Articles tagged mushrooms, mycology, psychedelic, drugs, gary lincoff, larry evans, terence mckenna, telluride, hippies, entheogen, documentary,

‘All Things Must Pass’ Chronicles the Rise and Fall of the Music Supermarket

In Colin Hanks’ admiring and tragic corporate biography, Tower Records wasn’t just a rock 'n' roll mecca, but a family operation that got high on its own supply.

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A Look Back at the Only Lynyrd Skynyrd That Matters

A sometimes eerie and often revealing examination of Lynyrd Skynyrd's initial run and the unfortunate events that sealed the band's place in history forever.

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‘Romeo is Bleeding’ Makes Art Out of Trauma

Romeo is Bleeding makes clear that life in Richmond, California is dire, that options are limited. However, life here also produces poetry.

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Laurie Anderson’s Reflection on Life and Death, Love and Art

Heart of a Dog reveals the gorgeous and difficult and sometimes creepy thing about stories; they mix truth and fiction, they reveal and refract.

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‘India’s Daughter’ Traces Atrocity That Became a Tipping Point

Though it lasts only 63 minutes, this documentary's impact is devastating.

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“It sort of evolved”: An Interview with Unplanned America’s Pawel “Parv” Jarecki

Parv Jarecki explains how a dodgy car, no money, and a surprising amount of helpful strangers allowed three friends to create a rich series exploring America’s subcultures.

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Jobs and His iPhone Are Ideal Objects for Study in ‘Steve Jobs: The Man in the Machine’

As it investigates the contradictions Steve Jobs embodied, this film also contemplates how Jobs and Apple continue to transform the "whole planet".

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The Complex Man Behind “Uncle Walt”

The rise (and rise) of Walt Disney, from starving artist to visionary filmmaker to union-busting studio boss to family-entertainment tycoon.

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Who’s Surveilling Whom in ‘(T)Error’?

(T)Error follows an FBI sting operation as it happens; and then the FBI decides to follow the filmmakers...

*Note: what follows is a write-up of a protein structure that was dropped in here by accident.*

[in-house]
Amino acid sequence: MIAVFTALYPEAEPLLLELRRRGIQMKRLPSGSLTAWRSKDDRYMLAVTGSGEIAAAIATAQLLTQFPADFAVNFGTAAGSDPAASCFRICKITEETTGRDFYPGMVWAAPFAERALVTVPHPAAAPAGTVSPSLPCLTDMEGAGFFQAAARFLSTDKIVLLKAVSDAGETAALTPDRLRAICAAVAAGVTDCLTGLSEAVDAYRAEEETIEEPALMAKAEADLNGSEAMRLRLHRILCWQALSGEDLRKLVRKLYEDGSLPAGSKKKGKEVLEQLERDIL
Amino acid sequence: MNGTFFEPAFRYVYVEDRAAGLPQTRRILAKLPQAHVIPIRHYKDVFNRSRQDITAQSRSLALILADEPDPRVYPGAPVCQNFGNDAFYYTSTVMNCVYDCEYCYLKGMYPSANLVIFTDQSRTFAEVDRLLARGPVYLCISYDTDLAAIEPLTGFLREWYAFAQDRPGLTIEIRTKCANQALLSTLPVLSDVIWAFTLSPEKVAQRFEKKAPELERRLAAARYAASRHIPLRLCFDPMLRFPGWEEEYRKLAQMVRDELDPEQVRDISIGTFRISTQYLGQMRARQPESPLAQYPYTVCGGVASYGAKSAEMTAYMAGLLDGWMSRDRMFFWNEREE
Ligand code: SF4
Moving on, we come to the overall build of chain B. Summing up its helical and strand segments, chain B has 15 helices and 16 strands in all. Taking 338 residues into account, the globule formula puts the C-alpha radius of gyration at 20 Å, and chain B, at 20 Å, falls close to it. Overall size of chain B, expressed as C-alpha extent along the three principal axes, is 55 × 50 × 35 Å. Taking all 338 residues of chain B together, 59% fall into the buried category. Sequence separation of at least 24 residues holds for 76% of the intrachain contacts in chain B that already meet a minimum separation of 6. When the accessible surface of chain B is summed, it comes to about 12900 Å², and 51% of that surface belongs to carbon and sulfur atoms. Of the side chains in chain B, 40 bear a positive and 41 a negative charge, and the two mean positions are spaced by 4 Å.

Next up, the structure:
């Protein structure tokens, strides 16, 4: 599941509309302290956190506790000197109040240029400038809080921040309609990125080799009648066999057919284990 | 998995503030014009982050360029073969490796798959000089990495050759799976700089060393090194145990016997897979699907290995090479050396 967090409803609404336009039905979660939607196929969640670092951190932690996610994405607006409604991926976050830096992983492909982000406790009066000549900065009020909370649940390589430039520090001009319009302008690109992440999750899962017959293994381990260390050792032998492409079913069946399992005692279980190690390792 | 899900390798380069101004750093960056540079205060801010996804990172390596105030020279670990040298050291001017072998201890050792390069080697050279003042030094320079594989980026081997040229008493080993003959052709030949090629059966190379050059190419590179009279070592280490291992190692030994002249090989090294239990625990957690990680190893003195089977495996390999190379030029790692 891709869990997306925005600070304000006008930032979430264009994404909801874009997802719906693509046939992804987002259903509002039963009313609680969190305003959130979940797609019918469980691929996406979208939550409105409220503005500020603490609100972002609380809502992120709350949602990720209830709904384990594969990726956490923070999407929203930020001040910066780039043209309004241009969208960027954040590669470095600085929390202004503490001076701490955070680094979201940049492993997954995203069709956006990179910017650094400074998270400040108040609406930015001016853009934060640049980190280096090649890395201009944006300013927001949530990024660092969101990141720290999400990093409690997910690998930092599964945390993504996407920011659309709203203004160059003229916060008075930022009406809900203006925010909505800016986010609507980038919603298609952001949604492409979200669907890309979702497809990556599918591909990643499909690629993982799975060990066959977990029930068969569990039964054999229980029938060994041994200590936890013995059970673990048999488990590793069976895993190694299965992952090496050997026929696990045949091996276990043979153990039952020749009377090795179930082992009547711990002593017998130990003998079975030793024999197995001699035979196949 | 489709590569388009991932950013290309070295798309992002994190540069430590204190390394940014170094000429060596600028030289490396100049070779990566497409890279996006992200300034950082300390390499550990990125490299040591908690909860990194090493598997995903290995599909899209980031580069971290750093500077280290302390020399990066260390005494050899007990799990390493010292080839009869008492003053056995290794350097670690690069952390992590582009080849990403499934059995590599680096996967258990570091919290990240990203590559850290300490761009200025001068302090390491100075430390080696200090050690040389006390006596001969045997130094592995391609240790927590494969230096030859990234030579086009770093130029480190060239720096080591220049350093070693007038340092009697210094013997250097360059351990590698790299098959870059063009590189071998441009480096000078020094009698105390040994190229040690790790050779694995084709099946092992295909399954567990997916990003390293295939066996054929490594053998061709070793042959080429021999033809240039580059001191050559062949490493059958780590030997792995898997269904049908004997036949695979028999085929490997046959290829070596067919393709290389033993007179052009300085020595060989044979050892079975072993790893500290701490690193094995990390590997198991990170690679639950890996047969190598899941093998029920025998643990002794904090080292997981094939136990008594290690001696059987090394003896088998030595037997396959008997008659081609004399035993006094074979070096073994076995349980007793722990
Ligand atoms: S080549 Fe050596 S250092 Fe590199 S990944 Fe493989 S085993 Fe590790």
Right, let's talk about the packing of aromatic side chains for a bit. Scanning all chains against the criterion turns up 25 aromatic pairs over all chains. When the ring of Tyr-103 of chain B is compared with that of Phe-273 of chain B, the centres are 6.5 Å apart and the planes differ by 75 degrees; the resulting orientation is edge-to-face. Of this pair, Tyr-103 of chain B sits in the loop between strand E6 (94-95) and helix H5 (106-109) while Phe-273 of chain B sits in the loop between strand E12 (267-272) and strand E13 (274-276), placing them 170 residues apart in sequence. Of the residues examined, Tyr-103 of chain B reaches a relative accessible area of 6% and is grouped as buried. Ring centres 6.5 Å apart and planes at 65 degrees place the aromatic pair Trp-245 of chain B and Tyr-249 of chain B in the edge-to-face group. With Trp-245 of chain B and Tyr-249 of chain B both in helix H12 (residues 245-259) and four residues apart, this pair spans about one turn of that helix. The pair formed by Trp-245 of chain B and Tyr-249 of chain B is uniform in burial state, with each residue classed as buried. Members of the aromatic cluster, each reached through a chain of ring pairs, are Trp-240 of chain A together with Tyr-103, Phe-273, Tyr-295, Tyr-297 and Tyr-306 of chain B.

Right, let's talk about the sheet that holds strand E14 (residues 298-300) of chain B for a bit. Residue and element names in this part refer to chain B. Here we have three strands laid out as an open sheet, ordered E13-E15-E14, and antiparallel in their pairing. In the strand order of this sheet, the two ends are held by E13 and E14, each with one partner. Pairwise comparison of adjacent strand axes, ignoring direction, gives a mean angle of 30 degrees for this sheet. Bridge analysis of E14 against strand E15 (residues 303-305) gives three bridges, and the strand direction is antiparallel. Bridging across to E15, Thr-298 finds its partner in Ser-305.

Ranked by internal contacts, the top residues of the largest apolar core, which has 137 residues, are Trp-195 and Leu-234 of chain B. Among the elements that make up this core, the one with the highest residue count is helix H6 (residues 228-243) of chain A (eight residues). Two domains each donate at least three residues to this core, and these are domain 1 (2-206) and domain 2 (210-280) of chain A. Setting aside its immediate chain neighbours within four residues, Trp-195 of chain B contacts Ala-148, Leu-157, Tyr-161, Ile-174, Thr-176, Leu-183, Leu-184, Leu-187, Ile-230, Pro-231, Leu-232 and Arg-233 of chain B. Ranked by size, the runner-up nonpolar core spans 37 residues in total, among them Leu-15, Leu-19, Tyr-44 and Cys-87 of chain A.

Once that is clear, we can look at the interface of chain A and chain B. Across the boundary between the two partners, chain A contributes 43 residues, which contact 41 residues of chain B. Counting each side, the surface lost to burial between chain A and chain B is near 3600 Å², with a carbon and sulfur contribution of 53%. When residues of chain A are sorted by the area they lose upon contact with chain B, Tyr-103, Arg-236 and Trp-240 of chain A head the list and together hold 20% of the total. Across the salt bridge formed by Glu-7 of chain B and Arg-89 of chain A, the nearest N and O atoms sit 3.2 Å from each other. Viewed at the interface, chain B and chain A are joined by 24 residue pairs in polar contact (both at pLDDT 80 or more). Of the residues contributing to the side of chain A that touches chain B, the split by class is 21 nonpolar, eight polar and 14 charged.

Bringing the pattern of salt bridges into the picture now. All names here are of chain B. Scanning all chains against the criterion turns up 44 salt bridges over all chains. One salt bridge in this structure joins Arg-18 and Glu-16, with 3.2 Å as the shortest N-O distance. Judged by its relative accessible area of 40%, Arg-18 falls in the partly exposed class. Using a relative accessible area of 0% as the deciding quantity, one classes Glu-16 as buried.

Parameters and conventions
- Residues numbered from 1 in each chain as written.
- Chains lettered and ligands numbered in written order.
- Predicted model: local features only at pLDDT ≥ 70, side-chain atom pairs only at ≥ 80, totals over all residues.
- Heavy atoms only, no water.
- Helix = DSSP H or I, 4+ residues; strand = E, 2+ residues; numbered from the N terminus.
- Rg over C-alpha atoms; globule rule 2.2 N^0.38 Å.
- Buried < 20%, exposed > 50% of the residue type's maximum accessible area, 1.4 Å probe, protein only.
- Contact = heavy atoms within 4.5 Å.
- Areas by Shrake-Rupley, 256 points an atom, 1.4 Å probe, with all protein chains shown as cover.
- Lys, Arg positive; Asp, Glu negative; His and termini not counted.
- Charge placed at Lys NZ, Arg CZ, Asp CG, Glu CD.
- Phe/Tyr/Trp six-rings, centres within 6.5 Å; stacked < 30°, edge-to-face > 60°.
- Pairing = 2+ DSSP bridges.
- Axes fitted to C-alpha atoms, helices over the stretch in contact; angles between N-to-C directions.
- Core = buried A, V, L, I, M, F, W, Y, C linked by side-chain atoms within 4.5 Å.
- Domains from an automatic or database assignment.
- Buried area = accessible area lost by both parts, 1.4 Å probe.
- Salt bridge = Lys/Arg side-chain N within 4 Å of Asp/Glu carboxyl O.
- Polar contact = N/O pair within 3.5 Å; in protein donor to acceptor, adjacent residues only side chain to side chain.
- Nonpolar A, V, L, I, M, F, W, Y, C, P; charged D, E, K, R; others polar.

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‘Body of War’ Explores What it Means to Love a Nation and Protest Its Policies Simultaneously

While making the injuries to Iraq war veteran Tomas Young visible, Body of War's pressing point concerns the future -- a future we're now living.

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‘He Named Me Malala’ Is Moving Portrait of Nobel-winning Teen

A big screen heroine of astounding power is swooping into theaters, caped in a hijab, a backpack full of books slung over her shoulder, a crooked smile the reminder of her fearlessness.

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Color Snapshots: Agnès Varda in California

Six hard-to-find films are now available in brightly colored restorations.

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The Jinx: The Life and Deaths of Robert Durst

The Jinx is a truly one-of-a-kind true crime viewing experience, and one that will never be repeated again (which almost forgives the DVD's complete absence of bonus features).

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‘The Other Man’ Examines Apartheid’s End and a Principal Architect of That Demise

An intriguing documentary about the fall of apartheid and the politician who engineered his own exit, this film teeters the thin line between success and failure, often falling one way or the other throughout.

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‘Drunk Stoned Brilliant Dead: The Story of the National Lampoon’

Douglas Tirola’s celebration of the '70s comedy institution doesn’t know when to put on the brakes. Nevertheless, its enthusiasm proves infectious.

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‘Salad Days’ Provides Punk Food for Thought

This D.C. punk doc eschews rose colored glasses as it looks back on that most influential American punk scene.

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‘The Black Panthers: Vanguard of the Revolution’ Is Insightful, Timely

The social crisis that helped to create the Black Panther Party for Self-Defense in the 1960s is still very much with us.

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18 Sep 2015 // 9:42 AM

An Open Challenge From Gay Muslim Filmmaker, Parvez Sharma

In the documentary A Sinner in Mecca, Sharma explores the effect of Wahhabism on the centuries-old pilgrimage.

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‘All American High Revisited’ Is Hardly Typical

Torrance High School was used as the setting for both Beverly Hills 90210 and Buffy the Vampire Slayer, which may be one reason it seems like a “typical American high school".

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14 Sep 2015 // 2:05 AM

The Sandwitches: Our Toast

On their latest, San Francisco-based retro act the Sandwitches slow the tempos way down, in the process losing the charm that held their earlier efforts together.

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Cage the Elephant Ignite Central Park with Kickoff for Summerstage Season

// Notes from the Road

"Cage the Elephant rocked two sold-out nights at Summerstage and return to NYC for a free show May 29th. Info on that and a preview of the full Summerstage schedule is here.

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